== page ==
This entry is part [part not set] of 39 in the series 40 years online

“Free, open and participatory” is the social web’s equivalent to “life, liberty and the pursuit of happiness.

That’s what I argue in the latest installment of One 40-year-old, which appears today on the Harvard Business Review site. My latest post looks at a 1987 controversy over the structure of Usenet (news groups), known as the Great Renaming. All those years ago, you could see the principles that would shape today’s social web:

It should come as no surprise that we expect the web to be free, open and participatory: after all, these are words that are widely bandied about in discussions of social media best practices and business 2.0. But it’s crucial to recognize that these principles are no passing fad, invented by us as a result of some Facebook spat or Verizon business decision. Nor are they the high hopes of a new and idealistic medium. In fact, they’re the same principles that have always bubbled to the surface on the social Web, even a quarter-century ago with the Great Renaming.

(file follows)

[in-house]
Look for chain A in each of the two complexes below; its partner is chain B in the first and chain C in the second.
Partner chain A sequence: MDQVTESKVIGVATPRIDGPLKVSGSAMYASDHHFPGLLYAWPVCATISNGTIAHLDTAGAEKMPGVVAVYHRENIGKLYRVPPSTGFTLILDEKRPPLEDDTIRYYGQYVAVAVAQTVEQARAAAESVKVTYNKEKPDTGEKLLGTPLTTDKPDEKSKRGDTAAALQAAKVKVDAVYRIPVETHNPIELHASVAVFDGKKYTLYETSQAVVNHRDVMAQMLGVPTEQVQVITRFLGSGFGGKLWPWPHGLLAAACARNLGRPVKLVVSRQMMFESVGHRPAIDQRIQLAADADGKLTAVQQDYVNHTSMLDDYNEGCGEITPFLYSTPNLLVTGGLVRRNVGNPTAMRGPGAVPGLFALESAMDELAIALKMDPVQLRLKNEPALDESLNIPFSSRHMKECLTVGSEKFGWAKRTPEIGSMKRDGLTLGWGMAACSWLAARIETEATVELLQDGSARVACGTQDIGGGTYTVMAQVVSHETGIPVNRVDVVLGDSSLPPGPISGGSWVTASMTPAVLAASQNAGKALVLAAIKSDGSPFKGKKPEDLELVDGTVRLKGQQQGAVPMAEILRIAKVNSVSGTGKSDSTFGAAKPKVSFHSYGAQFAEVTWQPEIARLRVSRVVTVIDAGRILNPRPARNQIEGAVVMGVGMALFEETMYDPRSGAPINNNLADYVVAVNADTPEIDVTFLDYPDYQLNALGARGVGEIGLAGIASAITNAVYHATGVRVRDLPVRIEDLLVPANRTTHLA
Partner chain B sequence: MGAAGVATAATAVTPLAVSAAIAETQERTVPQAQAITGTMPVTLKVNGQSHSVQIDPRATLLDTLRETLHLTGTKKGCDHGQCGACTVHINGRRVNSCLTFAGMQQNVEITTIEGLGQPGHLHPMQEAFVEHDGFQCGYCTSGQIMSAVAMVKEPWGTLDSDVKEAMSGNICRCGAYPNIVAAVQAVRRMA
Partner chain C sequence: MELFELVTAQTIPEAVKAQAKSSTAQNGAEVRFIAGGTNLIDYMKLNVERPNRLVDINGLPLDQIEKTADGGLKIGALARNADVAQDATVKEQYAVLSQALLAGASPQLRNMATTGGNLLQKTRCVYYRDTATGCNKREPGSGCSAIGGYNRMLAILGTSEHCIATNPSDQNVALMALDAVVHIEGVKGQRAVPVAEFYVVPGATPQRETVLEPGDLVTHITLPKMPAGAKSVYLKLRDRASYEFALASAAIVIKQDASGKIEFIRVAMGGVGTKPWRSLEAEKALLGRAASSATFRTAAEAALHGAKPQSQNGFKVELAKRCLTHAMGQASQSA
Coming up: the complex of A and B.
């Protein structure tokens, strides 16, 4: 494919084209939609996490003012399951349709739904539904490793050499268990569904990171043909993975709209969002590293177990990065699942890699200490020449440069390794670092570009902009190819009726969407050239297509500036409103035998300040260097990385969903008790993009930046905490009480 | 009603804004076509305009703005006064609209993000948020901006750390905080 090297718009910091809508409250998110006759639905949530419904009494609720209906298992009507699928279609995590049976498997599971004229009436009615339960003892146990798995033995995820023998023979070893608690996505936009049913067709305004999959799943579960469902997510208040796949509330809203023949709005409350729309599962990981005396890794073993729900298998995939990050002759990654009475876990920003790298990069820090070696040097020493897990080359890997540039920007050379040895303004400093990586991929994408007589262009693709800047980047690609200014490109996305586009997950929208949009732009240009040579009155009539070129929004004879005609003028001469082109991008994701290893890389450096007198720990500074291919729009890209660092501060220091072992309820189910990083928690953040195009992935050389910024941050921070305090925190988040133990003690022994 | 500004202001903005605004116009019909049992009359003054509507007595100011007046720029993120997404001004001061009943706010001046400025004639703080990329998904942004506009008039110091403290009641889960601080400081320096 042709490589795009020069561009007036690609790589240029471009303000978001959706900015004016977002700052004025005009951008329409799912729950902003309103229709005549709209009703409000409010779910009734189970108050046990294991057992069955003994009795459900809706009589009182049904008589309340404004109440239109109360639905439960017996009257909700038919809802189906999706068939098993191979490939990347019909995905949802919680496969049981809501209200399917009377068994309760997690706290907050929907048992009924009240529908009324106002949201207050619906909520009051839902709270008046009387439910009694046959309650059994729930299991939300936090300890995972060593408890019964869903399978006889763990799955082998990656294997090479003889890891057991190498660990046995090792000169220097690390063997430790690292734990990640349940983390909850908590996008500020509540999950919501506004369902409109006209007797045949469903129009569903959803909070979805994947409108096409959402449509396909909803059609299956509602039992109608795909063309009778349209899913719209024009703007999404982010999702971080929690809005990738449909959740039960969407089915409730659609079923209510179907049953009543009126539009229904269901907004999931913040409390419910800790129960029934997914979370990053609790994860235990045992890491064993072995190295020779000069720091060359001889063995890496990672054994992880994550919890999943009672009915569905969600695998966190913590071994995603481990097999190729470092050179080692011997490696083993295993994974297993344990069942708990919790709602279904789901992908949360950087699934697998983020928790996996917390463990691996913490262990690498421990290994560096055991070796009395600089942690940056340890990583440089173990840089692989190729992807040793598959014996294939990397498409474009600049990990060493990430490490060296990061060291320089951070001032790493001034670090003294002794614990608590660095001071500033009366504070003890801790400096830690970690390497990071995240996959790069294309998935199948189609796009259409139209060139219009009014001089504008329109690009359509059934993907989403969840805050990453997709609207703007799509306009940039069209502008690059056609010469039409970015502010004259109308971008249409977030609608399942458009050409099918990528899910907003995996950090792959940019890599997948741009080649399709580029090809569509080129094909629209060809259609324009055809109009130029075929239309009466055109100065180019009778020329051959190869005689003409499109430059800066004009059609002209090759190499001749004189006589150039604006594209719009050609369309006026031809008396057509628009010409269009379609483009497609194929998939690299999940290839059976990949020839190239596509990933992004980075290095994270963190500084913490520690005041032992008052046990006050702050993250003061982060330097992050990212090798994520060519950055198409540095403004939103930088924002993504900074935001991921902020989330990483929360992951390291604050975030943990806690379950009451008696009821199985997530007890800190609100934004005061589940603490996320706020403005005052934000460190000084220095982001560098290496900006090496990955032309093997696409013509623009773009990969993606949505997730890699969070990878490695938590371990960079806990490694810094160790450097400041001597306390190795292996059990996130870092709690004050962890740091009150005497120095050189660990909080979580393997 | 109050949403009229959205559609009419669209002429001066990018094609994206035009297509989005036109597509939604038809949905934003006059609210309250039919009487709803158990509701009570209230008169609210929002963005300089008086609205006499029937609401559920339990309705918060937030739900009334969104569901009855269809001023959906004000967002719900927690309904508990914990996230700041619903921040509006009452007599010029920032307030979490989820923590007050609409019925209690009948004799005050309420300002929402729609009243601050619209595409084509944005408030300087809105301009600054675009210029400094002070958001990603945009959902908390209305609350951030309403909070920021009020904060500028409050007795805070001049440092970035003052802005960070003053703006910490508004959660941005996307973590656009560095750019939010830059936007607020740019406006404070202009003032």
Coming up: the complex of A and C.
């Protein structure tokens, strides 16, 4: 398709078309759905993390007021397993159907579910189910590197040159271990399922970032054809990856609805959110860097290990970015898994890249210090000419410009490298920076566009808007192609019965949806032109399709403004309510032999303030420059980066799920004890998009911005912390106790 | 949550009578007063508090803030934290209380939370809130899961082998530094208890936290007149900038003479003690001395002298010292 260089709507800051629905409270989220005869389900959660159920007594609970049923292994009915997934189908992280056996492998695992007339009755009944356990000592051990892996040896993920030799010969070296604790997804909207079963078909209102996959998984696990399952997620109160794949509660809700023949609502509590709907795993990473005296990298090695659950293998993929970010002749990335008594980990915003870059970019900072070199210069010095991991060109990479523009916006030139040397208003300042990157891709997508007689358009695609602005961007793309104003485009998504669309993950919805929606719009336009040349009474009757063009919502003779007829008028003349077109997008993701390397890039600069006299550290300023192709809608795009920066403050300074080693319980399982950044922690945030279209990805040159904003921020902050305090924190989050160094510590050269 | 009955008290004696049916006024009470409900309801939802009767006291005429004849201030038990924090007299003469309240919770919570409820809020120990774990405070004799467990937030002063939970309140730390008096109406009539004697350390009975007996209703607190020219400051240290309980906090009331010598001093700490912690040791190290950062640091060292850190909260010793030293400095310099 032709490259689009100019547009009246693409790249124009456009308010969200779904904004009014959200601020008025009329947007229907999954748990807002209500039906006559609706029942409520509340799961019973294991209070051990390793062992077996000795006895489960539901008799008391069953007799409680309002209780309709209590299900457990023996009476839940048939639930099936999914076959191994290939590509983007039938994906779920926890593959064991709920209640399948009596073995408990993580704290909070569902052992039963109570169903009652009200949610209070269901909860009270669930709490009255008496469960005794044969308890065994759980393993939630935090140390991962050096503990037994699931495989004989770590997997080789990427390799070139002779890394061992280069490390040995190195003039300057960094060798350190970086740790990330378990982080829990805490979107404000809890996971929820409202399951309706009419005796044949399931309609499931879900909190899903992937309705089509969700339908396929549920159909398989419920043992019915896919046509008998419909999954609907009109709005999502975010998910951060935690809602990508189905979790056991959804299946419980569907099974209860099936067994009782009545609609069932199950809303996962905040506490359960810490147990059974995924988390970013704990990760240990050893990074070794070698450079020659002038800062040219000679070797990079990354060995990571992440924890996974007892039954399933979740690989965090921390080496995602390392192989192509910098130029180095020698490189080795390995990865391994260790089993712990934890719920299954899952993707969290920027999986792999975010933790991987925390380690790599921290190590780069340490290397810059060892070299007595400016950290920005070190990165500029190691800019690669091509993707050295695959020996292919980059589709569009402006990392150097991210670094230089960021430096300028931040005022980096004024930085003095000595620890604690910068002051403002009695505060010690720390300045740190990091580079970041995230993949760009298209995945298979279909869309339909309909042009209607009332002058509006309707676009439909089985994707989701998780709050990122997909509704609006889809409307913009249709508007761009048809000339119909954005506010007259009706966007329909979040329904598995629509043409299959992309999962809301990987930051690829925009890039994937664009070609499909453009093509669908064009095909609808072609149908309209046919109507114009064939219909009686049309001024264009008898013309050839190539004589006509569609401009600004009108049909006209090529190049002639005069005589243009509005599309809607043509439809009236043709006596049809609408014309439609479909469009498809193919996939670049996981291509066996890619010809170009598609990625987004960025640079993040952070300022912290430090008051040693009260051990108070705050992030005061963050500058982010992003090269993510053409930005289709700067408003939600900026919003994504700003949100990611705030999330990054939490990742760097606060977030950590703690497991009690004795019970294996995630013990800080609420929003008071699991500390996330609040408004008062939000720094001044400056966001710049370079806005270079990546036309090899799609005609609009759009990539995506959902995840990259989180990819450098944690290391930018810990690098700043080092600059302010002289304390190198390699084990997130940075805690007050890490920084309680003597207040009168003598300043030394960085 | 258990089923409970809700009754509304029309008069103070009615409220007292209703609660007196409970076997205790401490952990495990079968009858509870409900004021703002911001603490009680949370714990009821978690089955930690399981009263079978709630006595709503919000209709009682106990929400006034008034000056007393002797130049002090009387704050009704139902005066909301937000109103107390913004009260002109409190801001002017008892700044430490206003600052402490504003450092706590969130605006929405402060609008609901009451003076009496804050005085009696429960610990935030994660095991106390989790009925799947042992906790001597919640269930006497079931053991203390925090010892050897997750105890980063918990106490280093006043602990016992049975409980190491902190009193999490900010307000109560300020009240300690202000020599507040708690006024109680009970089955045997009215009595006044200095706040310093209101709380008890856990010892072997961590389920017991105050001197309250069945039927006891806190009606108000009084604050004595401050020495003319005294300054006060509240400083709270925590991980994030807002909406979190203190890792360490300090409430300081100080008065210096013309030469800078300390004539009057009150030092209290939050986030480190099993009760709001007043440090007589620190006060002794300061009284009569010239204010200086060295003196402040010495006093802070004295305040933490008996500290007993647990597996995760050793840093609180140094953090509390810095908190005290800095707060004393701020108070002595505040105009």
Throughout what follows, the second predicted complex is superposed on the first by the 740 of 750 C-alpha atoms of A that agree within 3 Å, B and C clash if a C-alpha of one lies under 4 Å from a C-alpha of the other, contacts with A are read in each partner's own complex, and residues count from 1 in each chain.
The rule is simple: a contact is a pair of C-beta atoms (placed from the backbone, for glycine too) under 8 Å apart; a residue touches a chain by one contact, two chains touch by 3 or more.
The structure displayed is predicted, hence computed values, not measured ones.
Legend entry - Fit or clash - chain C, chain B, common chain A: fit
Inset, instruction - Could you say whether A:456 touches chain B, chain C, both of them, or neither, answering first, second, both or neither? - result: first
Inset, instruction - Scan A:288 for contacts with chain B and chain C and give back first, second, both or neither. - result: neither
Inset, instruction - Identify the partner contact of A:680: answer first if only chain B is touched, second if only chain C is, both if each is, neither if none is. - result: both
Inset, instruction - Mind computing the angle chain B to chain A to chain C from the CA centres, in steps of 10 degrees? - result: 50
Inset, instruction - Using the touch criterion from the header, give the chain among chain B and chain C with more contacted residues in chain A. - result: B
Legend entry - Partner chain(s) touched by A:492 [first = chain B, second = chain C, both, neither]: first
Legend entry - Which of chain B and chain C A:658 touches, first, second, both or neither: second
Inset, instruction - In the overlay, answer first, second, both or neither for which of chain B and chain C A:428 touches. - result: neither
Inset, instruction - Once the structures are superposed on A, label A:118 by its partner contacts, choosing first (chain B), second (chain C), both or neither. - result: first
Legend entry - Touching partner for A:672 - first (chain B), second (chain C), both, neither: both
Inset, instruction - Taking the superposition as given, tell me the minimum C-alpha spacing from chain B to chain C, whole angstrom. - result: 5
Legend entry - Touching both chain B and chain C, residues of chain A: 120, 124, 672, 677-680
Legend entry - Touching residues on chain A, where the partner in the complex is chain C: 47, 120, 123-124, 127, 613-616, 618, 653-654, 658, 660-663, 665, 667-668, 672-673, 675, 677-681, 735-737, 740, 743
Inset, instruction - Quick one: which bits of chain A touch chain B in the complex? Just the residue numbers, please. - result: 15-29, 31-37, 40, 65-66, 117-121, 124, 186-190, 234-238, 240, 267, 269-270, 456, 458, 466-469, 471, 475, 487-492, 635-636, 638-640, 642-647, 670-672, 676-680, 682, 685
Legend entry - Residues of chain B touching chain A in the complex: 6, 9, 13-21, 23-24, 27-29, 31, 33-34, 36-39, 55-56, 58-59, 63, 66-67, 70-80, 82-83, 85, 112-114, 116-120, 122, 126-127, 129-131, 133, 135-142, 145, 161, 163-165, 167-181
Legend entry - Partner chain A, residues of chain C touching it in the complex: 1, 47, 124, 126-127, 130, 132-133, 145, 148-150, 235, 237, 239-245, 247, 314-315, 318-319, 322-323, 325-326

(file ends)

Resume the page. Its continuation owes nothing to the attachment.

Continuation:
You can read more about how these principles played out in 1987, and how they’re playing out today, in The Core Tenets of the Social Web, 25 years in the making.

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